t’s interesting to compare the present moment to another one when fantasy was a big deal: the 1950’s, the decade when The Chronicles of Narnia and The Lord of the Rings were published, two of the founding classics of modern fantasy. By that time in their lives, C.S. Lewis and J.R.R. Tolkien had lived through some massive social and technological transformations. They had witnessed the birth of mechanized warfare – they were both survivors of World War I. They had seen the rise of psychoanalysis and mass media. They watched as horses were replaced by cars and gaslight by electric light. They were born under Queen Victoria, but the world they lived in as adults looked nothing like the one they’d grown up in. They were mourners of a lost world, alienated and disconnected from the present, and to express that mourning they created fantasy worlds, beautiful and green and magical and distant.

As it happens, we’ve lived through some changes too, albeit of a somewhat different kind. If my generation is remembered for anything, it will be as the last one that remembers the world before the Internet. You can’t compare what we’ve gone through to WWI, because that would be insane, but it’s not a trivial thing either. Lewis and Tolkien saw the physical world remade around them. The changes we’ve seen have been largely invisible but still radical: they happened in the sphere of information and communication and simulation and ubiquitous computation.

Which is why it makes sense that so much of the 20th century was preoccupied with science fiction, a genre that, among other things, grapples with the presence of technology in our lives, our minds, and our bodies, and with how our tools change the world and how they change us. Those issues are of paramount, urgent importance right now. But a countervailing movement is happening too: we’re also turning to fantasy. It’s counterintuitive, because fantasy is so often set in pre-industrial landscapes where technology is notable for its absence, but it must have something we need. We’re using it to ask questions. We like to celebrate this world, our new world, as a paradise of connectedness, a networked utopia, but is it possible that on some level we feel as disconnected from it as Lewis and Tolkien did from theirs?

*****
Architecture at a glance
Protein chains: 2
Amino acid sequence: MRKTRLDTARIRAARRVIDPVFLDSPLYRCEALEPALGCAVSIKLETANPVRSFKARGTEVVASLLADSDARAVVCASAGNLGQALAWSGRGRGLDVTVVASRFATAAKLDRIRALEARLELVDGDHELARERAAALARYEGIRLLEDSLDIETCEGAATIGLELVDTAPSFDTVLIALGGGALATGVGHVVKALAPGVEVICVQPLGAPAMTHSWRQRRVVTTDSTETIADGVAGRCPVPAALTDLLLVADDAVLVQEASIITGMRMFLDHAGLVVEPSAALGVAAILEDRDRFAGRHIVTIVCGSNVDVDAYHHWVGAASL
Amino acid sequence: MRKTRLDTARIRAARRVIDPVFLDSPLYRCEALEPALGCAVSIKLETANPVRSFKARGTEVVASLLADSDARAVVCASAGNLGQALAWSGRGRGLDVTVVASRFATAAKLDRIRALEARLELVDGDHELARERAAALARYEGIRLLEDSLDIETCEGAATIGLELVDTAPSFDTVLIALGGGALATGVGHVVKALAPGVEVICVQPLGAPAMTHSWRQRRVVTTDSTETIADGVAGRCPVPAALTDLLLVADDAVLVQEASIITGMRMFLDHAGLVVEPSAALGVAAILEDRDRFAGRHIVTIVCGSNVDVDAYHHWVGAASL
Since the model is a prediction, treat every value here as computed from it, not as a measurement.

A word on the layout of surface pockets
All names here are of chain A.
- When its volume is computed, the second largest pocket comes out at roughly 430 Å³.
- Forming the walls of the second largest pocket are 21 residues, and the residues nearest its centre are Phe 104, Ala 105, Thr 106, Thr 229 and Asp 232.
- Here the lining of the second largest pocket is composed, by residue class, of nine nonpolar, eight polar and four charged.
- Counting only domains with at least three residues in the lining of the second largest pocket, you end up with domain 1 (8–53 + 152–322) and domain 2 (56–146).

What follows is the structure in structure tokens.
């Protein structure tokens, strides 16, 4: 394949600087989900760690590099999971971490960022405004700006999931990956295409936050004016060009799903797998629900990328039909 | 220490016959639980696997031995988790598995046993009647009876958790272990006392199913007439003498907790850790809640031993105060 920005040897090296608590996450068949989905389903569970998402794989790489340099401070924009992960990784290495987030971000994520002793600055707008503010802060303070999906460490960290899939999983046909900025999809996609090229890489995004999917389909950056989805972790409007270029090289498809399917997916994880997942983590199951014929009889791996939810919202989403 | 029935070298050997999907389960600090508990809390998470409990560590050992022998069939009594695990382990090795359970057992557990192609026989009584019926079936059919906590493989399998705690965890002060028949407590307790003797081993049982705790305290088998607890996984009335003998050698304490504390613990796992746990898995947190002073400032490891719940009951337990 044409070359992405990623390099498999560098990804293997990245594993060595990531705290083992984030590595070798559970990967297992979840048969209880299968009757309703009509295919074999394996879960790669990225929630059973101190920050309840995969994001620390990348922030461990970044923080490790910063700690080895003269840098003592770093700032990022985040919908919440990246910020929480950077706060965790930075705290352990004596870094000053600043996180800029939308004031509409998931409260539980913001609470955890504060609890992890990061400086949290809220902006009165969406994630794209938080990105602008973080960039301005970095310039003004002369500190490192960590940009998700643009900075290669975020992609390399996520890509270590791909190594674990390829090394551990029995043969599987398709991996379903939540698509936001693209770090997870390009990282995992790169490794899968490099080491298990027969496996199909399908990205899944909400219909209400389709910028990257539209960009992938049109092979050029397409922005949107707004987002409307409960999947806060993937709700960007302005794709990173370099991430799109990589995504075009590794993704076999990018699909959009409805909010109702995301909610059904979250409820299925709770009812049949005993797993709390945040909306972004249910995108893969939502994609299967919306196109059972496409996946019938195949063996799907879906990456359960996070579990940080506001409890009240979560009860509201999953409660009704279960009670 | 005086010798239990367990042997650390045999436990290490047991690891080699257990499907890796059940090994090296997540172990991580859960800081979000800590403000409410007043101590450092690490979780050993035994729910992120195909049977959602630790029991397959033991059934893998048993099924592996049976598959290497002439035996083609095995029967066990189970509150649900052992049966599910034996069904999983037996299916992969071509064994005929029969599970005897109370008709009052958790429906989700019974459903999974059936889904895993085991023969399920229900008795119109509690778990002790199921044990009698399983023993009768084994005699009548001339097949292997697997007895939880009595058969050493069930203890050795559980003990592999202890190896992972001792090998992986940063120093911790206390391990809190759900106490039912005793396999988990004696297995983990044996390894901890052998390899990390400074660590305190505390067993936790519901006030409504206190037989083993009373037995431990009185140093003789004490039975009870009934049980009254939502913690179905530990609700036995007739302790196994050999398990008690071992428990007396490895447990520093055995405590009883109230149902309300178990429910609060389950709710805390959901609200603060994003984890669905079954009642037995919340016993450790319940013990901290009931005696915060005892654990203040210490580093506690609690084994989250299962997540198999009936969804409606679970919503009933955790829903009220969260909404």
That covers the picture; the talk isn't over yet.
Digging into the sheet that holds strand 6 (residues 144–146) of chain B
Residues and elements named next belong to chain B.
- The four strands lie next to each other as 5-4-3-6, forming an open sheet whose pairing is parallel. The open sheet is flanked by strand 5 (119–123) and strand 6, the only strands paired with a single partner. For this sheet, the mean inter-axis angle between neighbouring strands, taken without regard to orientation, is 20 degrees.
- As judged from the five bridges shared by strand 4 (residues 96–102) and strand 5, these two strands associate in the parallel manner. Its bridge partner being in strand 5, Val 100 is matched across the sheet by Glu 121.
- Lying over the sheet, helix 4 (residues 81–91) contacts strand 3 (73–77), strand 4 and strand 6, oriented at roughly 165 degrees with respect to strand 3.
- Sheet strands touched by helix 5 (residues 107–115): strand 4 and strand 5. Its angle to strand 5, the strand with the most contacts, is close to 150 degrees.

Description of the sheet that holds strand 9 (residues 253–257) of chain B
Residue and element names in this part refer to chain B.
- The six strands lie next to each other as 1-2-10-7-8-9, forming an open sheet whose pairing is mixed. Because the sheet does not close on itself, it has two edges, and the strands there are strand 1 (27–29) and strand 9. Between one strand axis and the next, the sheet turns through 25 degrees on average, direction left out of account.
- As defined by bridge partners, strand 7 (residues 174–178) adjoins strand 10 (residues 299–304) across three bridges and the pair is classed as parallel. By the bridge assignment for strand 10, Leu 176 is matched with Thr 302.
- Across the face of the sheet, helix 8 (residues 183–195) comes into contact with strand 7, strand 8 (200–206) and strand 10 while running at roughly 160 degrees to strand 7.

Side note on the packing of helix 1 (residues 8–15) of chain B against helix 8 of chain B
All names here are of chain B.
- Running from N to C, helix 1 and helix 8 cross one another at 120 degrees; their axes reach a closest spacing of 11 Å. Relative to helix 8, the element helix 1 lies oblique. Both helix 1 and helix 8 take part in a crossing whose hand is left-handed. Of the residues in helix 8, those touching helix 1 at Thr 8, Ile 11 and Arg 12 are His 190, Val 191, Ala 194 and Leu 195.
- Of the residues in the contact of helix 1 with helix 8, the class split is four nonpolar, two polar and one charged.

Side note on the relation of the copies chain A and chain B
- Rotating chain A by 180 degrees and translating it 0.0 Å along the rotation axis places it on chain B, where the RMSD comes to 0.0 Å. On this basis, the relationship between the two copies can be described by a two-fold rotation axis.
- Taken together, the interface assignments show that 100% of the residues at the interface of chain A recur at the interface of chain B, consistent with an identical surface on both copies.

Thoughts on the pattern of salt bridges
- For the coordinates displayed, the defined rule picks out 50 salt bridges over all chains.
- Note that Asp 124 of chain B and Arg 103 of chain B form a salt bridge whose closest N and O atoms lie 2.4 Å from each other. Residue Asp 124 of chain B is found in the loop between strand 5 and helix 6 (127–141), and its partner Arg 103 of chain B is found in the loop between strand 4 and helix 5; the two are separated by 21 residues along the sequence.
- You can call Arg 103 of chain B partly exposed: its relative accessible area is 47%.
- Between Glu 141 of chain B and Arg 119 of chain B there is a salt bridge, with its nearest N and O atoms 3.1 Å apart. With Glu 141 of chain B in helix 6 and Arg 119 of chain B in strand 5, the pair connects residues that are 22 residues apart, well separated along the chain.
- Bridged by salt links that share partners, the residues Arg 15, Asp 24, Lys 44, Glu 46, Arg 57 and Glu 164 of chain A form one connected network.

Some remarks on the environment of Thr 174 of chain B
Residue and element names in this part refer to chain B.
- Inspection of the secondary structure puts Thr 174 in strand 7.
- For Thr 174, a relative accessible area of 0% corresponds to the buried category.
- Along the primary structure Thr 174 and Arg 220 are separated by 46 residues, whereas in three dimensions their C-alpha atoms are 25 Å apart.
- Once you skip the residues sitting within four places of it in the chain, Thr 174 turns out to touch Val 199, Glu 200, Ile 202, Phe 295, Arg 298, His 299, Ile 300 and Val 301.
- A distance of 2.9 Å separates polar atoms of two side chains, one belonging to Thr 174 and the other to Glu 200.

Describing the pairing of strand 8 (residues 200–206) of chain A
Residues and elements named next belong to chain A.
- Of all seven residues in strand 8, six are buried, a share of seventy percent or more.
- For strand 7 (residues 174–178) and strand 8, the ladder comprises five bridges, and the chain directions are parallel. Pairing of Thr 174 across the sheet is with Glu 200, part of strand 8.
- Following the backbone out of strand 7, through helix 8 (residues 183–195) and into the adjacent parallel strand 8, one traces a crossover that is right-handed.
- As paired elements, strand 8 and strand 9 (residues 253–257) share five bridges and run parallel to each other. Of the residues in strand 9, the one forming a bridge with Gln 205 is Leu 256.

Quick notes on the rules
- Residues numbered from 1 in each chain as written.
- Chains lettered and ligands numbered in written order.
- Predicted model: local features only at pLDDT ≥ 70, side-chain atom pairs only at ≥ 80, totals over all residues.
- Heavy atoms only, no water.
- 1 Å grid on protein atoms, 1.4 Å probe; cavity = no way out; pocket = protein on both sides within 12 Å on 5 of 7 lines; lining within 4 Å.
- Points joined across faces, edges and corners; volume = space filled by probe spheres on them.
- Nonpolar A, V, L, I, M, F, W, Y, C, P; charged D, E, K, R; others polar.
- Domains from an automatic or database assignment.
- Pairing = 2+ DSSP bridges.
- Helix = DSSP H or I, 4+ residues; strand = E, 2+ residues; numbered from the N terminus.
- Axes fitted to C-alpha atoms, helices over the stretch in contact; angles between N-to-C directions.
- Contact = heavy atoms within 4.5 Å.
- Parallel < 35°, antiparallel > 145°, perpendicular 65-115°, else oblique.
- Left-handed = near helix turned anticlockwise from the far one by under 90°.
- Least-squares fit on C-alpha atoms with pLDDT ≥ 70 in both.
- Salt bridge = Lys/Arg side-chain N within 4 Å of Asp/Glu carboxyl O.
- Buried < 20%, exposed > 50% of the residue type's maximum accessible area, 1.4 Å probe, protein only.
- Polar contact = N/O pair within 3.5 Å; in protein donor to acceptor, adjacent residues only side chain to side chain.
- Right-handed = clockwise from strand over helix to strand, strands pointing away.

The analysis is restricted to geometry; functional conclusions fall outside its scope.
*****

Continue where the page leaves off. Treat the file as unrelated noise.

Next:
Look at your phone, the avatar of the new networked reality. It’s not miles away from the kind of magic item you’d find in Dungeons and Dragons: it shows us distant things, lets us hear distant voices, gives us directions, divines the weather. We can speak to it and it obeys our commands, or more or less anyway. Our phones go everywhere with us, they present themselves as intimate friends—but they have a cold, alienating quality to them too. We don’t know how they work, or who made them, or where. We can’t open them and look inside. Our phones extract money from us, to make other people billionaires. They connect to us other people, but they create distance too. Our phones tempt us into ignoring our families and friends, even when they’re in the same room as us, in favor of a continuous IV drip of atomized bits of information and anonymous near-strangers in faraway cities. Maybe they’re not giving us the kind of connections we need.

God knows, characters in fantasy worlds aren’t always happy: if anything the ambient levels of misery in Westeros are probably significantly higher than those in the real world. But they’re not distracted. They’re not disconnected. The world they live in isn’t alien to them, it’s a reflection of the worlds inside them, and they feel like an intimate part of it. In the real world we’re busy staring at our phones as global warming gradually renders the world we’re ignoring uninhabitable. Fantasy holds out the possibility that there’s another way to live.

Lev Grossman is TIME’s book critic and its lead technology writer. He is also the author of the Magicians trilogy, including most recently, The Magician’s Land.